As a young teacher, I remember being impressed with Stanley Crouch’s comment about education. He wrote something like, “8 times 8 is 64 and I don’t give a damn what happened at your house last night.” Ah, I was so much older then, I’m younger than that now.

Crouch’s politics aside or maybe because I now know more about his politics, I was intrigued to learn that he had written a book about one of my favorite jazz men, Charlie Parker. The problem is that he hasn’t written a very good one.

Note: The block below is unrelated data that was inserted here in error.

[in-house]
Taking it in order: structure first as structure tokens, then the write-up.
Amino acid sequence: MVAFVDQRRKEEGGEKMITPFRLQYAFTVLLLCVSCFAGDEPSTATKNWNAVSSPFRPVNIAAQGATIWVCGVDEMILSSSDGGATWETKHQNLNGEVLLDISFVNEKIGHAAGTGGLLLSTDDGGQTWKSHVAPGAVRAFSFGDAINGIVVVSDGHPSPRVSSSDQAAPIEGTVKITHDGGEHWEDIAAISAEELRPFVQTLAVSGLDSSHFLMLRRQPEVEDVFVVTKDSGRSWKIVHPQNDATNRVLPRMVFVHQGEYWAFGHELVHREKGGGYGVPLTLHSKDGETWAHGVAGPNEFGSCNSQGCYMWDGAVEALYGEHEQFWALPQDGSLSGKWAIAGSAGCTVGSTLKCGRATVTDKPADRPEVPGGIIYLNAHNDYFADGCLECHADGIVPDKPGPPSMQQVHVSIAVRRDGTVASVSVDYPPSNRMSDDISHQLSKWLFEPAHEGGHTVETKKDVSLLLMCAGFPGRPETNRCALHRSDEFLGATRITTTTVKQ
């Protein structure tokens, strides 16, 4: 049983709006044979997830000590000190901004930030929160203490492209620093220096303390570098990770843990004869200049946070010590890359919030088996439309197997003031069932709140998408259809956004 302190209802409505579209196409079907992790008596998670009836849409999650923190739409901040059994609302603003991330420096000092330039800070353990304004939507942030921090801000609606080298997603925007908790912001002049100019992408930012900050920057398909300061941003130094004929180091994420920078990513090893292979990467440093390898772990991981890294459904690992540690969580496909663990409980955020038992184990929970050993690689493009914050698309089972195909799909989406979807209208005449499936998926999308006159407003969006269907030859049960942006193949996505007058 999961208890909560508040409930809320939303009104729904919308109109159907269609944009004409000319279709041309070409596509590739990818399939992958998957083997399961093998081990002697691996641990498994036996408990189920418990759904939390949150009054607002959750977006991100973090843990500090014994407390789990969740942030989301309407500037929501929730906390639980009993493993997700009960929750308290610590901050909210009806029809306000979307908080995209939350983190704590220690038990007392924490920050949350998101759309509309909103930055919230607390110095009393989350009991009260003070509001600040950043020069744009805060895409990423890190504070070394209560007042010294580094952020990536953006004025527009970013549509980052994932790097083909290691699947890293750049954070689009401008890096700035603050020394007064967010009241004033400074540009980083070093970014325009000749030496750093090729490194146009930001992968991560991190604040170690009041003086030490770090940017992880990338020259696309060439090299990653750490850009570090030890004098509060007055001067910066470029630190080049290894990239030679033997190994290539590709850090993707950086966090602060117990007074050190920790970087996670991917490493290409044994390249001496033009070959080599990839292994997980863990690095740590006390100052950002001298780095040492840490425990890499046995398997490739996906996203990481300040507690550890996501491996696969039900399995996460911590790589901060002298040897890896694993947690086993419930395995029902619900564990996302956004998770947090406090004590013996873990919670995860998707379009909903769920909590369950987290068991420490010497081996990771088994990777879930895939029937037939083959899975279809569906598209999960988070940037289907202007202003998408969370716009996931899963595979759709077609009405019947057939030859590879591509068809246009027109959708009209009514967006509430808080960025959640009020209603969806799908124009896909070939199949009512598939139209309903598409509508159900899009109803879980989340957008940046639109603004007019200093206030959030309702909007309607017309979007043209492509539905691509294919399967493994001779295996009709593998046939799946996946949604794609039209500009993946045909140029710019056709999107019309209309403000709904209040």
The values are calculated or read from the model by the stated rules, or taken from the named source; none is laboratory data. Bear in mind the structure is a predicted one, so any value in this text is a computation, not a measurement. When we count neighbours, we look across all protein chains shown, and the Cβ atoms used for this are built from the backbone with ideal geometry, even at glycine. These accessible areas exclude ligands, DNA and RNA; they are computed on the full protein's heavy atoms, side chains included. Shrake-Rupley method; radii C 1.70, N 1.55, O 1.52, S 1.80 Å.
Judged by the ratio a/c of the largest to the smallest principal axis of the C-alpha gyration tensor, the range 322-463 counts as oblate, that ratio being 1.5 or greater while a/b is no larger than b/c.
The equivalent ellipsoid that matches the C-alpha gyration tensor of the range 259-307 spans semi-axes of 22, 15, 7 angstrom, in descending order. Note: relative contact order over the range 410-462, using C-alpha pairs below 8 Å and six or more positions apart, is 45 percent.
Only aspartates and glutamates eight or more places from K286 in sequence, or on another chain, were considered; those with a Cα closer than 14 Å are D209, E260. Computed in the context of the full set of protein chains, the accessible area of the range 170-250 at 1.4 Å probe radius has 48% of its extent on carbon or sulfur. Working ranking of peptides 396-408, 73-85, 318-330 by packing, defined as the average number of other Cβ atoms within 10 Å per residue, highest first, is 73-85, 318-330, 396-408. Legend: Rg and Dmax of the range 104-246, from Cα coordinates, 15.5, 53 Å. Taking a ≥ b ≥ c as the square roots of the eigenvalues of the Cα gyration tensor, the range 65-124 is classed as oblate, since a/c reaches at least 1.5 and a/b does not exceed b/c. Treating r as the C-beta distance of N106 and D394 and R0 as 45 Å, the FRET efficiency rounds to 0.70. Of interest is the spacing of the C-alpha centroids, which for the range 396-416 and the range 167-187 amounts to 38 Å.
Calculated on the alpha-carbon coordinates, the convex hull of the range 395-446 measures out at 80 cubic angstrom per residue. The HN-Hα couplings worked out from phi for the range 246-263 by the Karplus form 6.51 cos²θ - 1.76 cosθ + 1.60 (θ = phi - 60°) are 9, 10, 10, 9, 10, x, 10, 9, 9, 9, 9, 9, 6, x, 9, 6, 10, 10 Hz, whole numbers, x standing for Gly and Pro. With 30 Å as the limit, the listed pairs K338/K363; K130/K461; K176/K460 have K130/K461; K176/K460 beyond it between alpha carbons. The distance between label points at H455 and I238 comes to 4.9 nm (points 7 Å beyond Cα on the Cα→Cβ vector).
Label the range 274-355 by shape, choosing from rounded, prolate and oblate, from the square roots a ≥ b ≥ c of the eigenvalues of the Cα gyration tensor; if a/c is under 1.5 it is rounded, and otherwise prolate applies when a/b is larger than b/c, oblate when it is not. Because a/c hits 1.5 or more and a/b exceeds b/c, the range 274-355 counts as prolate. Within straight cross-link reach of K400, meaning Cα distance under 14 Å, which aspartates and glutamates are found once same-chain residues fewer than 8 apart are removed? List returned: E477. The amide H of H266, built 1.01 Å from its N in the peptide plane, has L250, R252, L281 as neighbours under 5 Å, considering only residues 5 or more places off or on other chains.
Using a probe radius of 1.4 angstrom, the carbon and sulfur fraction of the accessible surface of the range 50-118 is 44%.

This time, when I encountered Crouch’s prose, it didn’t take me long to figure out that he was trying to write like Parker played. A cute effort, but tiresome within 10 pages or so. And then it became incredibly apparent that Crouch was just skimming the surface of the man’s story. Either there’s not enough research out there, or he just didn’t do it. Crouch’s main goal seems to be describing Parker’s early influences – personal, musical, pharmaceutical. But he spends more time attempting to riff on what little he presents. Though this book comes in it at over 300 pages, it is remarkably thin.

Crouch’s title and his stopping point suggest that he’s got at least one more volume planned, if not to. Those will come and go without me.

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